Between 7 and 8 million Americans are eligible to get health insurance at no monthly cost on their state's Obamacare exchange, once tax subsidies for lower-income individuals and families are factored in. A clearer picture is now emerging as to what kind of "free" coverage they're able to get. According to a recent analysis by the consulting firm McKinsey & Company, as much as 40 percent of the uninsured population in certain states will qualify for so-called zero-net-premium coverage. In almost every state, at least 5 percent of the uninsured fall into this group.
Zero-net-premium coverage isn't the same as free health care. In many cases, the cheapest plans - which are most likely to be free once a subsidy is applied - offer the fewest benefits, so people who choose them could end up facing hefty bills for hospitalizations and other care.
According to the McKinsey report "Exchanges Go Live: Early Trends in Exchange Dynamics," released in October, between 6 and 7 million Americans may be eligible for a zero-net-premium plan in the bronze tier. Bronze plans are those designed to cover about 60 percent of an insured person's health care bills, meaning that they can expect to pay for the other 40 percent of the care they get. In addition, approximately 1 million may qualify for a zero-net-premium silver plan, which is designed to cover 70 percent of covered expenses.
McKinsey analysts led by David Knott analyzed about 21,000 qualified health plans available in the 2014 exchange market. In 7 states, over 35 percent of the uninsured population can qualify for a zero-net premium health plan and in an additional 14 states, they estimate that 25 to 35 percent of uninsured residents are eligible. The McKinsey report doesn't delve deeply into the demographics of those who would be eligible for zero-net-premium plans. Older people face higher premiums but also larger subsidies. The same is true for families, as compared to individuals.
However, monthly premiums are only one factor in the equation of choosing a health plan. Deductibles, copayments and other forms of cost-sharing can significantly affect cost. And there's good reason to look beyond monthly premium price. Plans vary considerably in the breadth of their networks of covered hospitals, doctors and other providers. "[A]bout two-thirds of hospital networks on the exchanges are narrow or ultra-narrow," McKinsey director Paul Mango told Julie Appleby of Kaiser Health News. Narrow networks mean much less choice in primary-care doctors, specialists, and/or hospitals. Before signing up for an insurance plan, check the company's website to see if your doctors and hospitals are in- network.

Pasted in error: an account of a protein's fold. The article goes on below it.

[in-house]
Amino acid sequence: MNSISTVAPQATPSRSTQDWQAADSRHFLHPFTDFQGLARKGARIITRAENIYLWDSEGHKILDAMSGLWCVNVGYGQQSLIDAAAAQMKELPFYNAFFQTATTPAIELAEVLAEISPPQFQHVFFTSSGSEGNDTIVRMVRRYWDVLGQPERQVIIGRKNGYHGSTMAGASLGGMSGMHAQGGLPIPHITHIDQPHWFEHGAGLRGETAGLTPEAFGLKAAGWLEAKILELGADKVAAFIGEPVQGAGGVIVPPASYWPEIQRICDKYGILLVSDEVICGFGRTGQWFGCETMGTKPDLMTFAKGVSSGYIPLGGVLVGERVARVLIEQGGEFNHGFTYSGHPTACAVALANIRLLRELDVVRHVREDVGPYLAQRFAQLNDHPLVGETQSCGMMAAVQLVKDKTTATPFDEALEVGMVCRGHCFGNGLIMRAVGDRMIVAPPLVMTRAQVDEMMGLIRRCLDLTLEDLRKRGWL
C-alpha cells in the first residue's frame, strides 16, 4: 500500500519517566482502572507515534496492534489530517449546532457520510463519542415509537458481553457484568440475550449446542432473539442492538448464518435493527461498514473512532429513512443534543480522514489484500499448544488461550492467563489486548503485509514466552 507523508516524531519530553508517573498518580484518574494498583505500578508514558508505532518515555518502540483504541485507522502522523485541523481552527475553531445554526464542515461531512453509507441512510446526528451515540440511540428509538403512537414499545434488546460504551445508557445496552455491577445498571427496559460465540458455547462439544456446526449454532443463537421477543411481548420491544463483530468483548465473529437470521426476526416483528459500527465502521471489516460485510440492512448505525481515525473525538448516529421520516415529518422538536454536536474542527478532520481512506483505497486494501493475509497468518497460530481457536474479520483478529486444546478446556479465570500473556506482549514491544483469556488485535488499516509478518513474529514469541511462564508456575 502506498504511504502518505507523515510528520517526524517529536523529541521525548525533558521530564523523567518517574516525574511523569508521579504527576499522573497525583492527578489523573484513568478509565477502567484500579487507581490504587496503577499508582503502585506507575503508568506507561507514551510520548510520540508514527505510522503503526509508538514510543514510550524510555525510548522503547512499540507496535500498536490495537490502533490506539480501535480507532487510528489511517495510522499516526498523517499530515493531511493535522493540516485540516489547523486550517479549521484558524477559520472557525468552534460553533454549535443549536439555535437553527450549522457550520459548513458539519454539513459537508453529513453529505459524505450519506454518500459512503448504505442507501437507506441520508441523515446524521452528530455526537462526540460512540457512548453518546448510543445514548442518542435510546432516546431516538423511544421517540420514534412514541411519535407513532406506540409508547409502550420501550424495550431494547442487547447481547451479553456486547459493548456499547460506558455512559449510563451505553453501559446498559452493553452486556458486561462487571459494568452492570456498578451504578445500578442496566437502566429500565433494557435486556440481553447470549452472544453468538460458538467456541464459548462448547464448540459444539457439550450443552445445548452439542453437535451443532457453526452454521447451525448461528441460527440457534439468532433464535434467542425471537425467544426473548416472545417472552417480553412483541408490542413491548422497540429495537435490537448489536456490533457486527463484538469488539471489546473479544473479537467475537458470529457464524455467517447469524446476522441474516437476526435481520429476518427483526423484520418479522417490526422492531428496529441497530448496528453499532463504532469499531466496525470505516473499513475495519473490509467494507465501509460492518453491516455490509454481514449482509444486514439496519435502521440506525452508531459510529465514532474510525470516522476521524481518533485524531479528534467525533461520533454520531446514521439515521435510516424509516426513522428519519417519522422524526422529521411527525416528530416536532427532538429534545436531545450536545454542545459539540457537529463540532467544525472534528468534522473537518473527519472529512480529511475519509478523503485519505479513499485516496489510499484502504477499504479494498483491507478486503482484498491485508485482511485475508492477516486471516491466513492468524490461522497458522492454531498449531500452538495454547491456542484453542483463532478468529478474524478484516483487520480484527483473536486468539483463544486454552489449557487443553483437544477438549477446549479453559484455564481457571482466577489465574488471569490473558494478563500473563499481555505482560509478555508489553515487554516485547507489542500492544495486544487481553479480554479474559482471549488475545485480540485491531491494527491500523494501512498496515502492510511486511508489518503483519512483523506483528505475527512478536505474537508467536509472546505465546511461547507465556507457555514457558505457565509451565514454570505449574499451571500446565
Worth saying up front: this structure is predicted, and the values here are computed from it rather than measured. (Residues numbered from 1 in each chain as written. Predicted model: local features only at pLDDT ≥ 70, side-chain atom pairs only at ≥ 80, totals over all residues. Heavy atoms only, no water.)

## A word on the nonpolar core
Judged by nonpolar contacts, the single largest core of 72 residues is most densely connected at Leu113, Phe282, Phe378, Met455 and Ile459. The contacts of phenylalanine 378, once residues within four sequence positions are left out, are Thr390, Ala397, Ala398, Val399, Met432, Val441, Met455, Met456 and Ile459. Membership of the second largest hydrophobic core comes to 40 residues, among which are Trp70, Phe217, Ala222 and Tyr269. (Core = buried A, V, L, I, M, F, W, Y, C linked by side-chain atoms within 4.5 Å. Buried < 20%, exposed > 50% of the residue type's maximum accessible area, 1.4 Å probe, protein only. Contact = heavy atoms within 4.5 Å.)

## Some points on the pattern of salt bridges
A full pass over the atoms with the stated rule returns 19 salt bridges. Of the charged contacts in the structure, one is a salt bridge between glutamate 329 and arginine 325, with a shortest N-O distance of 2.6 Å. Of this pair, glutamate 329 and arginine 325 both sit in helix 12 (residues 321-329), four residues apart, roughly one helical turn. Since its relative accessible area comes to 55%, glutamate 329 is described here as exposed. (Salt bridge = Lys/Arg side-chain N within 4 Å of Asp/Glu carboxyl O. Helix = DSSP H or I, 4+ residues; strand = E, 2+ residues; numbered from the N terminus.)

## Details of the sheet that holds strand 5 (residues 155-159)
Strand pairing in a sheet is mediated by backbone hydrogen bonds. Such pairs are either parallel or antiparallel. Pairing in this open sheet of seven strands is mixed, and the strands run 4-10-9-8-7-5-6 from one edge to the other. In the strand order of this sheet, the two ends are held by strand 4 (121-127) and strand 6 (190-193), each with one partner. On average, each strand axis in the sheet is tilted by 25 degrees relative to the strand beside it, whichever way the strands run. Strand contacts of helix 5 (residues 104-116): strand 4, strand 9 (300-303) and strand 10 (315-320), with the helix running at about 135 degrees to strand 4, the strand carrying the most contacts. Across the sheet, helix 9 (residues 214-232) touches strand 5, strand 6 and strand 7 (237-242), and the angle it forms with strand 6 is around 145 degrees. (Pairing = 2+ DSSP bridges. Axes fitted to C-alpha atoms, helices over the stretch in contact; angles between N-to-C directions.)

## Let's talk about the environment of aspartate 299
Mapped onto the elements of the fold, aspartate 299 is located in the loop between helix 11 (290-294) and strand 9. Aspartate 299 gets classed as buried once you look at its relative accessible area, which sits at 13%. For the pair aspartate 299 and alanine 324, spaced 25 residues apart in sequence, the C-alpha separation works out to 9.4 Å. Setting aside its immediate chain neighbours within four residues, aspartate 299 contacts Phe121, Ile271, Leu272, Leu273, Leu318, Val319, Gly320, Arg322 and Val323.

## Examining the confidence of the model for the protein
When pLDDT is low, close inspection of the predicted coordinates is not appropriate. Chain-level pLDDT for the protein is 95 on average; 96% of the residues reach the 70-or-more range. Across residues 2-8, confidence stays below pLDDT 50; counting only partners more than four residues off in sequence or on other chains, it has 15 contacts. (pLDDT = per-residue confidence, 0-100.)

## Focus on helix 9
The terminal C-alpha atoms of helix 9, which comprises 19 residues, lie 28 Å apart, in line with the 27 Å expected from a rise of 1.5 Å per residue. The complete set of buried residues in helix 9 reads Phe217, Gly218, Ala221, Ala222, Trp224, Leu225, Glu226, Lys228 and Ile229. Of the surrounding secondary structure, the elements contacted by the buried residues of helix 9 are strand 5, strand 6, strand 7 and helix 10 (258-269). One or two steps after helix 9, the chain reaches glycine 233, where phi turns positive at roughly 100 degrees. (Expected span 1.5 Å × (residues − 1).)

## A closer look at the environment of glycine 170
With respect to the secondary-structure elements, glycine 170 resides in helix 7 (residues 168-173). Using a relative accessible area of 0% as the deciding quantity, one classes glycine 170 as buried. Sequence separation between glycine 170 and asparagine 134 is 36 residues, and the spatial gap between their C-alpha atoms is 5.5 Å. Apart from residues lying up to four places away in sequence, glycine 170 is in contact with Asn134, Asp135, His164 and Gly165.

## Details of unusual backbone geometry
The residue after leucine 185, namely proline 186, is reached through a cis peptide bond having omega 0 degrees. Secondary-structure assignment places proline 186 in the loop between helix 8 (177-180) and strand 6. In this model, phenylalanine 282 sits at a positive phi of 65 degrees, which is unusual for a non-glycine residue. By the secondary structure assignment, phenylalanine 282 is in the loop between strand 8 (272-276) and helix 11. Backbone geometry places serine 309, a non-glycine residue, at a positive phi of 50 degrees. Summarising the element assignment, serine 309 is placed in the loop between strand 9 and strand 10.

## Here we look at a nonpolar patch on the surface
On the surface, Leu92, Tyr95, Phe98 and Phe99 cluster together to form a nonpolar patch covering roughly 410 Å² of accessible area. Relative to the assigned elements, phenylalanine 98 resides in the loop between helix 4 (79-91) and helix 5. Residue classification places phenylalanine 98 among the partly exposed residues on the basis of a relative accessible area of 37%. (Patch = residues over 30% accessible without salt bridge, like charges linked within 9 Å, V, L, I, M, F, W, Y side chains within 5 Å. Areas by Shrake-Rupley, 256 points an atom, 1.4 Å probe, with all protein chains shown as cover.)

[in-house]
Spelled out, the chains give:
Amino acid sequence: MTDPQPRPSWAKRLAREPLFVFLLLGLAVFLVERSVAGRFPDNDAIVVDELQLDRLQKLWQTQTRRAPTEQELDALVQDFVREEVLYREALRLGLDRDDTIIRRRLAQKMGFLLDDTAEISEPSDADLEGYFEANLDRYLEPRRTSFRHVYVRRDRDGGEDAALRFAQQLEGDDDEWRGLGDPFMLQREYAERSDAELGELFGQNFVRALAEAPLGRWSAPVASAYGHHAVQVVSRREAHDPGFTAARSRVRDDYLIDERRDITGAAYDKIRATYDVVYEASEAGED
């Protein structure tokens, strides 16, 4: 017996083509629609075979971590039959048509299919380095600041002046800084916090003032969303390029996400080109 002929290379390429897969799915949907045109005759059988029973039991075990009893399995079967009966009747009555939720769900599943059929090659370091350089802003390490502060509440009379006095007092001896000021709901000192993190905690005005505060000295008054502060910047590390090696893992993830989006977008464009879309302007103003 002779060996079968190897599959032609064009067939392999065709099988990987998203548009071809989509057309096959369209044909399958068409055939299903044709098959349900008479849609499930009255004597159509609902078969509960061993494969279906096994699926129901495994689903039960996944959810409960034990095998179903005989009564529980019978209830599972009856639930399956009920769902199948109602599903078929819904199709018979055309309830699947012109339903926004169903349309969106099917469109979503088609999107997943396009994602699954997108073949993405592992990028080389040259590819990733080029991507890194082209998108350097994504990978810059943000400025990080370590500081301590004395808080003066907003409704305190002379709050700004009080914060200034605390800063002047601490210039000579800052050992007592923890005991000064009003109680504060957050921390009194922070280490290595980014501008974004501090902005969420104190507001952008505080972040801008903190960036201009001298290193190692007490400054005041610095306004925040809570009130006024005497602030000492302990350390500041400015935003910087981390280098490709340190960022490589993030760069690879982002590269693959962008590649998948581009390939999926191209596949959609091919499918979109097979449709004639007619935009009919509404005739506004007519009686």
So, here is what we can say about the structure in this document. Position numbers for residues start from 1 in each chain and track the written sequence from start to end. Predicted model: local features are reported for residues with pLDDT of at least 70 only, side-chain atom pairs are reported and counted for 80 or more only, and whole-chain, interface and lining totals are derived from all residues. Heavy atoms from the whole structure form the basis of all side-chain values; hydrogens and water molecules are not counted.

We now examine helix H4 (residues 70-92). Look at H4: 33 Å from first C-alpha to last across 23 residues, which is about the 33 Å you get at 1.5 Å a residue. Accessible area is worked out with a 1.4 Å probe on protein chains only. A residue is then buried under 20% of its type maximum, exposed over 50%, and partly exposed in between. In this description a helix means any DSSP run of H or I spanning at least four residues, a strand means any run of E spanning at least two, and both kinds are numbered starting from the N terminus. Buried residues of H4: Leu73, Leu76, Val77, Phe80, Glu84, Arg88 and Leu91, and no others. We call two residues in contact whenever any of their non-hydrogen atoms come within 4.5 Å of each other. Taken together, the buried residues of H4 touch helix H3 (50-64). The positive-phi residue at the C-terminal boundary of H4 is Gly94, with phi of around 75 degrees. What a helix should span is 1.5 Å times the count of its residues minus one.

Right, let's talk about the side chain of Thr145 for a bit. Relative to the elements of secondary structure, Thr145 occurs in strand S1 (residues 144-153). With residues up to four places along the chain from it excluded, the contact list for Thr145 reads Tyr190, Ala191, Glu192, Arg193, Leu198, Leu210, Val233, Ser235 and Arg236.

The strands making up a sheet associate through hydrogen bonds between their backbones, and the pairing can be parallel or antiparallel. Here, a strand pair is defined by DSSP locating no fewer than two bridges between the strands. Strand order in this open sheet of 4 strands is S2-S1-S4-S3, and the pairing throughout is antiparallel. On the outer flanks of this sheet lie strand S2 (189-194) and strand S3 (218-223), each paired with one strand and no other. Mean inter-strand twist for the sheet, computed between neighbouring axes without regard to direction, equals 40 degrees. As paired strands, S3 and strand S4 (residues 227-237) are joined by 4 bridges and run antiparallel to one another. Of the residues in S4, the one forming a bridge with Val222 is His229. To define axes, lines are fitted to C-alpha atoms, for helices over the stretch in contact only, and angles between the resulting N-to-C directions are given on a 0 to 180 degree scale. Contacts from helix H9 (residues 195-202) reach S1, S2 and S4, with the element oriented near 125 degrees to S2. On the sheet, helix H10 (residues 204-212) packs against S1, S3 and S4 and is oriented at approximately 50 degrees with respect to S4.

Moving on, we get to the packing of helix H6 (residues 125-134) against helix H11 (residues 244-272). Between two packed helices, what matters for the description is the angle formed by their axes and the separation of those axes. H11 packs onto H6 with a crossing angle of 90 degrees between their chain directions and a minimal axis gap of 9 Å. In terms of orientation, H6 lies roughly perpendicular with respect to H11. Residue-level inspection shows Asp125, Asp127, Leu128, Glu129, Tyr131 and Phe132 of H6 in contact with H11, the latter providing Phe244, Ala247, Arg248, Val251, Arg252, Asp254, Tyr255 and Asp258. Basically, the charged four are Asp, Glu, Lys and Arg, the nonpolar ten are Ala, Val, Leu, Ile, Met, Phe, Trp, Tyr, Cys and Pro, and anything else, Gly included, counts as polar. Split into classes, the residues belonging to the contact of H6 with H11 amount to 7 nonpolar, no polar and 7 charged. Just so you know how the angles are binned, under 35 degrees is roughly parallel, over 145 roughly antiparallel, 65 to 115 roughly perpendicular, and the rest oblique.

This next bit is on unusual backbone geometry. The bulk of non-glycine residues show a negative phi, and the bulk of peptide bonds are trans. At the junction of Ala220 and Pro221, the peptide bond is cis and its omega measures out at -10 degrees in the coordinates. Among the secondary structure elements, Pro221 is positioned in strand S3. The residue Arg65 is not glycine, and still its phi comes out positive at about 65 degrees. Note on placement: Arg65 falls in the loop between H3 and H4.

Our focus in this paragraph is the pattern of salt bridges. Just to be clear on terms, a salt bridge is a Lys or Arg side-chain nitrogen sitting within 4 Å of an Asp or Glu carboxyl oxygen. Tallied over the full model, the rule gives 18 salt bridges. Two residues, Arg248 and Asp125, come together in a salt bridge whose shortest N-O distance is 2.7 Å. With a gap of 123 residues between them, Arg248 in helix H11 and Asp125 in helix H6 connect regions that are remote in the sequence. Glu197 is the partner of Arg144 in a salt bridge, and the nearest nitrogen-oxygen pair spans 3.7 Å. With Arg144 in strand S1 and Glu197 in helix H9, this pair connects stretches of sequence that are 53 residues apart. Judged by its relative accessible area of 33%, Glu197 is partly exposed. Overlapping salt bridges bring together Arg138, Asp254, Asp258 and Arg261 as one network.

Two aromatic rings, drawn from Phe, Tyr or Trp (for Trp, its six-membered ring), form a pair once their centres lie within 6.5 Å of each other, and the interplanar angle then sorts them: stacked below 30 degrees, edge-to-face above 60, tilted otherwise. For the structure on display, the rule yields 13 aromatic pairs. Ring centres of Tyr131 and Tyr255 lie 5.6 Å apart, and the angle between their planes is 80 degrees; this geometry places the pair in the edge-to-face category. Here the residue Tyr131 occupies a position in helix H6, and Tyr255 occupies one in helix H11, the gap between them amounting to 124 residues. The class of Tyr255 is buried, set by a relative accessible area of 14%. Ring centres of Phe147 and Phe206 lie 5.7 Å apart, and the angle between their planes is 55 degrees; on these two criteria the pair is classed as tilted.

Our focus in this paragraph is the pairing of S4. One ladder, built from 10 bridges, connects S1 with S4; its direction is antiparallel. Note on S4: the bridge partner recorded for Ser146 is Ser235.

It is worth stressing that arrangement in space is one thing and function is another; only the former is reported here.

Some insurers have created tiered networks or networks where hospitals and providers are divided into levels of expense. Consumers technically have access to the entire network, but if they purchase a plan with tier-one doctors and hospitals, for example, they would have to pay more to see doctors or use hospitals in higher tiers. These structures help insurers keep costs down by "gatekeeping," or making it more expensive to get more expensive care while also allowing consumers to have more choice over their healthcare options. Independence Blue Cross in Philadelphia, for example, doesn't define their tier-one insurance plans as "narrow" because if a consumer wants to see a doctor in tiers two or three, they can. They just have to be okay with paying more. Tier-one plans comprise 50 percent of the hospitals, and 40 percent of the primary-care doctors and specialists, in the complete IBC network, reported The Philadelphia Inquirer.
Findings from the McKinsey report suggest that an increase in "managed-care-like" health plan designs is also playing into gatekeeping so patients will need to get referrals from primary-care doctors for further treatment or to see specialists. Roughly 60 percent of all 2014 exchange plans are either health maintenance organization (HMOs) or exclusive provider organizations (EPOs).